Three months have passed since Labour was elected to power after a long period in opposition. Christian Peregin speaks to analysts to see what they are making of the situation.
If you thought a change in Government would bring the economy to a halt and spark street violence, the past 100 days have proven you wrong.
But if you thought Labour was so well-prepared for Government that it would change the country overnight, you were also sorely mistaken.
“It reminds me of an infant starting to walk,” says former editor of The Sunday Times of Malta Laurence Grech.
“They will tumble, fall, and commit mistakes but eventually I hope they will find their feet. The fact they have been out of power for almost 25 years has a bearing on this,” he says.
The Government has certainly given a fresh push to some sectors that were neglected by the previous administration.
Transgender people have been given the right to marry – a move that prompted the Nationalist Party to apologise to people like Joanne Cassar who were insensitively treated by the last Government. Meanwhile, civil unions are in the pipeline, with a Consultative Council already drawing up a law.
Developers are also ecstatic over the reduction in planning fees and the revised Global Residence Scheme that is expected to boost the industry. The Government’s energy plan is also moving rapidly, with 11 bidders already shortlisted for the project.
“Another good point has been the series of meetings with the public being conducted by ministers,” adds Mr Grech, recalling similar initiatives by Nationalist administrations.
However, there has also been a chorus of disapproval over many of the initial decisions taken by the Government – primarily the appointments given to PN dissenters and people who helped the party, as Mr Grech points out.
“People in top positions should be ideologically close to the Government, but I also believe in meritocracy,” says former Alternattiva Demokratika chairman Michael Briguglio.
He says there have been “many mistakes” on this level, especially in the cultural sector.
Although he is happy with some of the educational reforms under way, Dr Briguglio is not impressed by the “field day” being given to big developers, some of whom have even been seen sitting at press conference tables with ministers.
“I would say Malta Tagħna Lkoll was a problematic slogan. In politics, you always have to take a stand and you always have adversaries,” he says.
Former PN candidate Mark Anthony Sammut says one of the Government’s best moves so far was the push given to reforming the justice system.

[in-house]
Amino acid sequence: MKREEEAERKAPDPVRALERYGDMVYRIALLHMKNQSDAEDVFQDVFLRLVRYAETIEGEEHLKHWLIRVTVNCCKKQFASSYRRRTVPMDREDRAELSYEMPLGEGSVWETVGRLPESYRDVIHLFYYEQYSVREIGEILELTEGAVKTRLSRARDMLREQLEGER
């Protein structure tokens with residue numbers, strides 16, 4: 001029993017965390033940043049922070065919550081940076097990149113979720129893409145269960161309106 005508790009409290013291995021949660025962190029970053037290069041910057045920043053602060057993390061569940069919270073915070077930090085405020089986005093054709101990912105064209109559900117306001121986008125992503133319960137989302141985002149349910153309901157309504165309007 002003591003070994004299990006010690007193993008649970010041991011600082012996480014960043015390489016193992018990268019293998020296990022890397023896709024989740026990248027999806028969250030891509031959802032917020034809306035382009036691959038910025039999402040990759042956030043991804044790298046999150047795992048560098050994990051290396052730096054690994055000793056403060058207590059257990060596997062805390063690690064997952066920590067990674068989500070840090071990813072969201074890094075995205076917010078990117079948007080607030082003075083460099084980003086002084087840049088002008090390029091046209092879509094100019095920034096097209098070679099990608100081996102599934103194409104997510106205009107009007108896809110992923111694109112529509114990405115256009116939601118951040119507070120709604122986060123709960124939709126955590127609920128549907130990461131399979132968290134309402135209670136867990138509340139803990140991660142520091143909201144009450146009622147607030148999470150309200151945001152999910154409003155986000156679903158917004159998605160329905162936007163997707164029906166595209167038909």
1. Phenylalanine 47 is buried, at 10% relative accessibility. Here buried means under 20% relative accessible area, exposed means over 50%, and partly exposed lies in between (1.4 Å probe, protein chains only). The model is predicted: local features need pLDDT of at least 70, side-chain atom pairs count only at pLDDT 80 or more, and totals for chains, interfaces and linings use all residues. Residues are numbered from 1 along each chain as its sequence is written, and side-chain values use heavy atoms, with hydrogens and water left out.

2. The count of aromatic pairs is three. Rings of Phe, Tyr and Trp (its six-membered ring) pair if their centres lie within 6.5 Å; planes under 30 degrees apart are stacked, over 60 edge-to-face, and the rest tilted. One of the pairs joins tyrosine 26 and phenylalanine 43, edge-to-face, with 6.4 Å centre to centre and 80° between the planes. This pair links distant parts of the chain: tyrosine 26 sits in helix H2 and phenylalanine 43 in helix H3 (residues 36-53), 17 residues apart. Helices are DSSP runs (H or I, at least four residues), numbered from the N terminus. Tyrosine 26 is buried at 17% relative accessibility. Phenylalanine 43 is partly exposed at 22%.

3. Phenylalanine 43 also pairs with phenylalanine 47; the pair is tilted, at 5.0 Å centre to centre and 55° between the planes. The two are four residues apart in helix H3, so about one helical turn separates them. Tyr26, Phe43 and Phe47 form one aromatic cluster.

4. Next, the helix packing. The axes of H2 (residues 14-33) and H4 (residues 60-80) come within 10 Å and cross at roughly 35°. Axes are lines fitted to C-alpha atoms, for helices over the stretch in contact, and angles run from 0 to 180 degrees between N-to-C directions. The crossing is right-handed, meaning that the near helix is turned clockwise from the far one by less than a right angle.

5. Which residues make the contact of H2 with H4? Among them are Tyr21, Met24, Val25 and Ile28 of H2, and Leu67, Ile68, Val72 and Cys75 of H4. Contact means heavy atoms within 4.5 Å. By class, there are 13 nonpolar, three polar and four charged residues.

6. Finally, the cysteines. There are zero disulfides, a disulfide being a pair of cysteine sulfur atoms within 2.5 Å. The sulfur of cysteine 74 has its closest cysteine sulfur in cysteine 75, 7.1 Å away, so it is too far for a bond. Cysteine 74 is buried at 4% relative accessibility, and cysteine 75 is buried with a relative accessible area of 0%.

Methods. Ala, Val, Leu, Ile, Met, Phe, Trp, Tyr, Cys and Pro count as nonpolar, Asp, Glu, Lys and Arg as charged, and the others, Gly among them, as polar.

However, he thinks the “blatant” rewards being given to people who helped the Labour Party, as well as the seeming disregard of the Code of Ethics for ministers and parliamentary secretaries, have soured the Government’s performance immensely.
“If one of these things happened under the previous Nationalist Government, it would have been massacred,” he says.
He was also disappointed by the removal of most permanent secretaries who are not mean to be sacked with a change in Government.
Mr Sammut believes the Government was strategic in its actions, knowing most of its initial decisions would be long forgotten by the next election.
“The problem is that they have now instilled a culture of payback,” he says.
Political observer Godfrey Grima – who had endorsed Joseph Muscat for Labour leadership – is much happier with the Government’s performance, though he says it is still too early to judge.
He says there have been “hiccups”, such as the controversy surrounding Parliamentary Secretary Franco Mercieca’s waiver from the Code of Ethics and the transfers seen at St Vincent De Paul.
“But I think they were misunderstandings,” he says.
He believes the Government had shown itself to be “cautious” as well as hardworking.
“We have a Prime Minister with a good sense of balance,” he says, downplaying the controversial appointments by highlighting the varied board members chosen for Air Malta.
On the contrary, he says, Dr Muscat is instilling a sense of national unity and is not out for his pound of flesh.
Carmen Sammut, the chairwoman of Labour’s think-tank Ideat, believes the Government is still in its honeymoon period.
While some ministers who had a bit of experience or technical preparation were able to hit the ground running, others suffered.
“There is an element of inexperience. After a quarter of a century, there is now a new generation of people in Cabinet and working around them. I think some of the mistakes can be attributed to this, and hopefully the glitches will be ironed out in the coming months and years.”
She said the case of Mr Mercieca was badly handled, and before that there was the case of Godfrey Farrugia appointing his partner Marlene Farrugia to help him at the Health Ministry.
On the plus side, she is positive about the appointments made at the State broadcaster, PBS, as well as the new thrust given to civil liberties.
She says the Government will find it difficult to please all Labour supporters who had very high expectations but has probably managed to relieve PN supporters since all the pre-electoral scaremongering did not amount to much.
“The moderate majority that is still assessing the situation and will decide when the honeymoon period is over,” she says.
Ten things the jury is still out on:
Changes to Mepa: People have welcomed lower fees and the more efficient issuing of permits, but will this come at a cost to the environment?
Replacement of permanent secretaries: The PN defeat report flagged the civil service as a problem, so perhaps some permanent secretaries should have been replaced. But was the stealth unbecoming, and will the new permanent secretaries be too loyal to the administration?
Big Cabinet: PN’s defeat report also said a small Cabinet was one of the PN Government’s problems, but did Dr Muscat go to the other extreme with such a huge team? Neither is the female complement high, contrary to what had been promised.